How prepared are you for retirement? If you assume that your monthly expenses will decrease in your post-working life, then you might be surprised to learn that many retirees experience the exact opposite. Instead, their expenses go up.
How can that be? If you pay off your mortgage before retiring then perhaps your monthly budget will be noticeably lower. But, it’s not reasonable to expect your current lifestyle will drastically change in a more frugal direction upon retirement.
There are many ways we psychologically approach retirement, but “live as frugally as possible” is likely not part of the plan. Instead, retirees view it as a time to live in well-deserved luxury and relaxation, whether that involves going out to dinner more frequently, traveling the world aboard a cruise, or spending more money on our hobbies.
Unfortunately, we don’t switch to that mindset until we actually retire. Until then, we assume we’ll be as frugal as we currently are and plan for a relatively similar lifestyle in our retirement budgeting processes. If you spend $200 per month on your hobbies right now, then chances are, you’ll spend more on your hobbies later on when you have much more free time to partake in them.
If you want to make retirement planning less stressful, then here are some expense categories to watch out for if you truly believe your spending won’t change much during retirement.
Why Your Spending In Retirement May Actually Increase
Health Care Expenses
Even with Medicare coverage, did you know that the average couple spends more than $260,000 on health care from age 65 onward? While one-third of this figure represents Medicare premiums, the rest accounts for co-pays, dental costs, vision costs, prescriptions, and other health care expenses that may not be covered by Medicare.
According to newer statistics, a couple retiring in 2018 would need to have $275,000 available to cover their health care expenses during retirement. As the inflation rate for health care in the U.S. continues to rise much more quickly than other areas of life, you and your spouse can reasonably expect to pay more than $300,000 for health care during your retirement years if you’re still a few years away from retiring.
Although the costs of health care for seniors are outrageously expensive, too few people are saving enough for retirement, let alone enough for their medical bills and possibly nursing home care. Even if you think your current health-related expenses are unbearable for your budget, be sure to overestimate how much they’ll cost when you’re retired.
The best way to plan for this is by contributing money as early, and as much as possible towards your 401k, IRA and other investment accounts to cover your expenses in the future.
Traveling the World
According to AARP’s 2017 travel trends report, the average retiree takes about five leisure trips per year during retirement, with 43% of Baby Boomers reportedly wanting to travel both domestically and internationally. Furthermore, many Baby Boomers want to travel more during retirement, but the AARP’s report found that 43% are held back by costs.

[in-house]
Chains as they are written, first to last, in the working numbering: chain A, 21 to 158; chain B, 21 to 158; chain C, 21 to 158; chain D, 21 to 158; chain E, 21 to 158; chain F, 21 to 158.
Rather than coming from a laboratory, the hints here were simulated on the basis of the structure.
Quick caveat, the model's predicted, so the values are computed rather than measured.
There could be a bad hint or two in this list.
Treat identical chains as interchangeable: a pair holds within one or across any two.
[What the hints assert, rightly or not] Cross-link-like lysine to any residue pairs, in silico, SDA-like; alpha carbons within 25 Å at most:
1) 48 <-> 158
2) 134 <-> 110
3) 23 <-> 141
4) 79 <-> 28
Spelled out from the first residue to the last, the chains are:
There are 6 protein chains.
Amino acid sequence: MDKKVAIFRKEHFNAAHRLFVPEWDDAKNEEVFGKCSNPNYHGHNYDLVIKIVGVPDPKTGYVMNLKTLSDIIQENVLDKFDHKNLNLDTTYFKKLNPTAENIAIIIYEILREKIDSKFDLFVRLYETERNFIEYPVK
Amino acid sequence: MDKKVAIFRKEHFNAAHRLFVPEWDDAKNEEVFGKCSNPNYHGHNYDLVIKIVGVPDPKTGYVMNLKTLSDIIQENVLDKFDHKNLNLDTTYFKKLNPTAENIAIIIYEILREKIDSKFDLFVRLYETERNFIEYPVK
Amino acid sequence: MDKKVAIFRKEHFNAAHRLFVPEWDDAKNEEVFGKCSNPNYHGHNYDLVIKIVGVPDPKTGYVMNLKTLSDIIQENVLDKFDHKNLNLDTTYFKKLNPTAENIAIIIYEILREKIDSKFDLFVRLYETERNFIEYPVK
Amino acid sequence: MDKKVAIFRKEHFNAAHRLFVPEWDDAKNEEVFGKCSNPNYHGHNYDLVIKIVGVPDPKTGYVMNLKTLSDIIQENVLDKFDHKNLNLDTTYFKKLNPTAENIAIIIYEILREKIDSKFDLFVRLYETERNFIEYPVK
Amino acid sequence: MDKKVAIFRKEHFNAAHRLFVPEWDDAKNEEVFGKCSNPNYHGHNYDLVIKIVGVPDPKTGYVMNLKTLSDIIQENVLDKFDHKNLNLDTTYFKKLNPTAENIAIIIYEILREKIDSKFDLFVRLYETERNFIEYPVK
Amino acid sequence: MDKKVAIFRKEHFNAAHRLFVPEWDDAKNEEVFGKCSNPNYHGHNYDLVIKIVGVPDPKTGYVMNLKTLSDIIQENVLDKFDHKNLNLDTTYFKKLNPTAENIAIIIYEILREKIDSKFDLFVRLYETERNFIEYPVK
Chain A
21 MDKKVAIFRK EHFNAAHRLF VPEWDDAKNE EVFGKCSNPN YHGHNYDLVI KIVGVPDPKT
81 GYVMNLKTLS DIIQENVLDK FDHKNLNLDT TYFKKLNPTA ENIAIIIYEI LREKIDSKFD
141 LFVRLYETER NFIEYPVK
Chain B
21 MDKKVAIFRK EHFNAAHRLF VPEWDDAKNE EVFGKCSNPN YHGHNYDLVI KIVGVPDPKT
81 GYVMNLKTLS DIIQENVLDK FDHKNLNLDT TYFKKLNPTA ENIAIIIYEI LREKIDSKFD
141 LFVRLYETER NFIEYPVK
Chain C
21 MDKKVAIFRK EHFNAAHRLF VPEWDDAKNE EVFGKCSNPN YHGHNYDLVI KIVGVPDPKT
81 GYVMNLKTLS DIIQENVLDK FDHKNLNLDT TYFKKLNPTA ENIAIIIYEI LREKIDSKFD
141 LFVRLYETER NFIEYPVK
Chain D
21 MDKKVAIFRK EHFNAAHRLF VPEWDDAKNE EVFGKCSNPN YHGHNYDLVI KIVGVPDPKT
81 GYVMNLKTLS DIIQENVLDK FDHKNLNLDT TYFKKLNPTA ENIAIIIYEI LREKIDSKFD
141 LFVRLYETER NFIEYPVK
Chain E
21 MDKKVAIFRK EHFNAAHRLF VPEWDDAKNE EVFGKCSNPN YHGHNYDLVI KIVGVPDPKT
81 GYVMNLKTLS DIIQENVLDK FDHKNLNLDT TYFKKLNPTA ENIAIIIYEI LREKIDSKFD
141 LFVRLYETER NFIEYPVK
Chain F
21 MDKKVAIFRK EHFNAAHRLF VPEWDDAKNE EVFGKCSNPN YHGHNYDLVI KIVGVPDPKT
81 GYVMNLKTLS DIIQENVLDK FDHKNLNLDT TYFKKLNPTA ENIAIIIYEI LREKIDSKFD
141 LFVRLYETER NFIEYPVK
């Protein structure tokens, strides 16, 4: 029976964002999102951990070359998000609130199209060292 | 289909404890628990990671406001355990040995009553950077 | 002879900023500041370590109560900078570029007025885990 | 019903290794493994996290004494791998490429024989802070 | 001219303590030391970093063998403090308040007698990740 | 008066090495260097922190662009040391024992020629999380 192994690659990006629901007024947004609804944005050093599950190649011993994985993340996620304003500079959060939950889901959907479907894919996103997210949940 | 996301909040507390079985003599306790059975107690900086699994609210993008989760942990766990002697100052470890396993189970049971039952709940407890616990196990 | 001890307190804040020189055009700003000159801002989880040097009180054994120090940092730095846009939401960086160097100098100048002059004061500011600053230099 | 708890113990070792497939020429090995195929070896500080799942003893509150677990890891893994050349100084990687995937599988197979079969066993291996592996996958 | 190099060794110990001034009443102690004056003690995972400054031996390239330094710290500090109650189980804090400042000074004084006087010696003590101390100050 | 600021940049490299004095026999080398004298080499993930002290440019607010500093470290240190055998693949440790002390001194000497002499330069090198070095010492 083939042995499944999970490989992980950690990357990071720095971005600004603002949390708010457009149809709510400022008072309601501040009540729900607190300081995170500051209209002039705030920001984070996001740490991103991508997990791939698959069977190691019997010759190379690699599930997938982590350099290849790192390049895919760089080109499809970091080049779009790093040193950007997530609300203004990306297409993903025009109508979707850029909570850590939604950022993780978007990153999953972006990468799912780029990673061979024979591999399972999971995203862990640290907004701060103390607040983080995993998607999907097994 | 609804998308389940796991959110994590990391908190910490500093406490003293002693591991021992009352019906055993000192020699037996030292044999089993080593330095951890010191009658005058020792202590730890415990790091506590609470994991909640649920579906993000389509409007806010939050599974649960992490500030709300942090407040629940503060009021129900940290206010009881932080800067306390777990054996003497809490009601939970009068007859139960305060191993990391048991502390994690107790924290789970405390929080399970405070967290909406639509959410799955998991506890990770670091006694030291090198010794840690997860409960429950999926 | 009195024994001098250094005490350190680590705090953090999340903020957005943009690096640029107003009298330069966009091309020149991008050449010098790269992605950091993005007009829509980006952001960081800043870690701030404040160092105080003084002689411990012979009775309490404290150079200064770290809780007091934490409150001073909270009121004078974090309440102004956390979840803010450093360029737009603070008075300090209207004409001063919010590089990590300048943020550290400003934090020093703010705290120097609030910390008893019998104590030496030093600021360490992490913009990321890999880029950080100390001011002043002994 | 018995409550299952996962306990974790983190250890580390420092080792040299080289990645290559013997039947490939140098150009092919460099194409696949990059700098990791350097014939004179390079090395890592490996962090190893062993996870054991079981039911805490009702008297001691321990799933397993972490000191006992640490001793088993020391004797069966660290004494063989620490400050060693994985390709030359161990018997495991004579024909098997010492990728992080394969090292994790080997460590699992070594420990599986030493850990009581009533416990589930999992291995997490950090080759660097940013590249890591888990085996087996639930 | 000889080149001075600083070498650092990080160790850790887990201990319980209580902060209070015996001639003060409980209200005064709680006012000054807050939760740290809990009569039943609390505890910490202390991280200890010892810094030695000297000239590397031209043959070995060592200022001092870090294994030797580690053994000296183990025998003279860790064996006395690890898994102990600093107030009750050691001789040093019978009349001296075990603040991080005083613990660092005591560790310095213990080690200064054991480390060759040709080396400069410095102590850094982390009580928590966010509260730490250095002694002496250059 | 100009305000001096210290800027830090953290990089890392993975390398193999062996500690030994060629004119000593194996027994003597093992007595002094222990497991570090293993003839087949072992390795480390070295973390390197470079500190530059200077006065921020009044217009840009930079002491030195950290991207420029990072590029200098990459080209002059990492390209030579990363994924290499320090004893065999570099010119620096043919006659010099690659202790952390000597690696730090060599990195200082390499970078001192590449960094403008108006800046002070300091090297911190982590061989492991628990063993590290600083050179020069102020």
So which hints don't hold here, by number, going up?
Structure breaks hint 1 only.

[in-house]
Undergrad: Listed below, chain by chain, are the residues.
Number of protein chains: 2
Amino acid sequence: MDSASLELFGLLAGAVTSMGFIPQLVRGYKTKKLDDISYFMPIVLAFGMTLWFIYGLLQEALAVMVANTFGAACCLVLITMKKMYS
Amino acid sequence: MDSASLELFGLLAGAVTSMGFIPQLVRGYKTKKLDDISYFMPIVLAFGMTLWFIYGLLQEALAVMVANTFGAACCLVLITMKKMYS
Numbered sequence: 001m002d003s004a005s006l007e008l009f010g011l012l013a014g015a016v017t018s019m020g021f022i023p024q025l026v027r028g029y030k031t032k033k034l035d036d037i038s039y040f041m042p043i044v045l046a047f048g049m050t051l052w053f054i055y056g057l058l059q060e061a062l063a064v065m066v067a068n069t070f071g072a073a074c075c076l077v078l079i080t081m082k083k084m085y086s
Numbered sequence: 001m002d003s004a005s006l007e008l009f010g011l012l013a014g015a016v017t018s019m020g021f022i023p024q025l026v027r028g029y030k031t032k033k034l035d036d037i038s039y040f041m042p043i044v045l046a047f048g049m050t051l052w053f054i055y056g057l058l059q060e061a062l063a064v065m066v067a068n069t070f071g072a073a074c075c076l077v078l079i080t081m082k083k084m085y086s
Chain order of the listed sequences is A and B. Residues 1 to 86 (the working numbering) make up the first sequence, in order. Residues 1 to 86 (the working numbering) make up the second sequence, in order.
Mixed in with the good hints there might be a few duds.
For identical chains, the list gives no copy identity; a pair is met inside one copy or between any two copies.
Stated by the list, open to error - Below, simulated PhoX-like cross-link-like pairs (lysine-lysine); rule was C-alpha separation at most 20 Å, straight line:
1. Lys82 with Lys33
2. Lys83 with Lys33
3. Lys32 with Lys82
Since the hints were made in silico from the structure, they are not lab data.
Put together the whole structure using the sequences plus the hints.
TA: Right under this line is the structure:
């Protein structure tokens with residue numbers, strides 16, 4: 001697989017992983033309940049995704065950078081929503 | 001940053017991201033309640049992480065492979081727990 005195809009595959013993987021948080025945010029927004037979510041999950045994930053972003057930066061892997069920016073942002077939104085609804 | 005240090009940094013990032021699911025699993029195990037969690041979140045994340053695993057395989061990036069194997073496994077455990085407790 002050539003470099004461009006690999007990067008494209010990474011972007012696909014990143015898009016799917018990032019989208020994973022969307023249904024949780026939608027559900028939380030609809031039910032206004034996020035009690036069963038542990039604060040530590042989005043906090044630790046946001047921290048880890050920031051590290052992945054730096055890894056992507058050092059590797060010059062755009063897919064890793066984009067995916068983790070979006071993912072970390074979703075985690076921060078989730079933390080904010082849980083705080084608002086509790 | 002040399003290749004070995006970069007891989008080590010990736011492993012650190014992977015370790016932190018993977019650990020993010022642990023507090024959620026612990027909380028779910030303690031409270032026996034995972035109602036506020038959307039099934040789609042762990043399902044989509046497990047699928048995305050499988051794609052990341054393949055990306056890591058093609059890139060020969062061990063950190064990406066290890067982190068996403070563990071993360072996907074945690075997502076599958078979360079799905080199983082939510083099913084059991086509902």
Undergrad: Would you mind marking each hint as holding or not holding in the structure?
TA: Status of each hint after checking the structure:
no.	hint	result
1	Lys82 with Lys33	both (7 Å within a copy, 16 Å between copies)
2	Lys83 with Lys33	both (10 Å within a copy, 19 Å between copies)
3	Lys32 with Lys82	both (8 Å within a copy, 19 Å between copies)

“There are many different reasons that your spending may increase in retirement and is very common in the early years of retiring,” said Justin Halverson RICP, a financial advisor and founding partner of Great Waters Financial based in Minnesota. “Now that you have more time you may be pursuing those dreams of traveling or fixing up the house and checking off similar items on your list.”
If you enjoy traveling, then you’ll probably take more vacations during retirement because you finally don’t have to check if you have enough vacation days saved up or ask a boss for permission to take time off. In other words, you have unprecedented freedom to travel as a retiree. The freedom that you might not have had since you were in college, if ever in your life.
While you should certainly see as much of the world as you can or want to during your post-working years, keep in mind that your current travel budget will likely pale in comparison to your actual travel spending during retirement. As with health care, it’s important to overestimate your projected travel budget and seek out ways to save money on vacations once you’re retired.
Dining Out More Frequently
Another budget category to be wary of as you approach retirement is the food/drink category. You might think you’ll eat at home more often once you have more time to spend grocery shopping, cooking and cleaning up. However, if you’re already in a pattern if dining out on a regular basis, then why would you suddenly change your lifestyle during retirement?
If anything, people tend to eat out more when they’re retired, simply because they can afford to. Go ahead and enjoy all the delicious things life has to offer while you’re retired, but be sure to look for opportunities to save money. Go to dinner during Happy Hour specials. Or, go out for lunch instead of dinner.
Useful Strategies for Controlling Your Budget
If you’re worried about running out of money during your retirement years, then there are a few ways you can either decrease your spending or increase your income to avoid reaching $0.
- Develop passive income streams to make money without extra effort
- Continue contributing to your retirement plans, even after you’re retired
- Keep your life insurance policy even after you retire and have few or no dependents
- Look for opportunities to make money with resources you already have. Becoming an Airbnb host can be lucrative for retirees and help you save money on accommodations while you’re traveling
- Cut down on your grocery budget while cooking at home more to save money on dining expenses
- Look for other ways to save money on monthly expenses around your home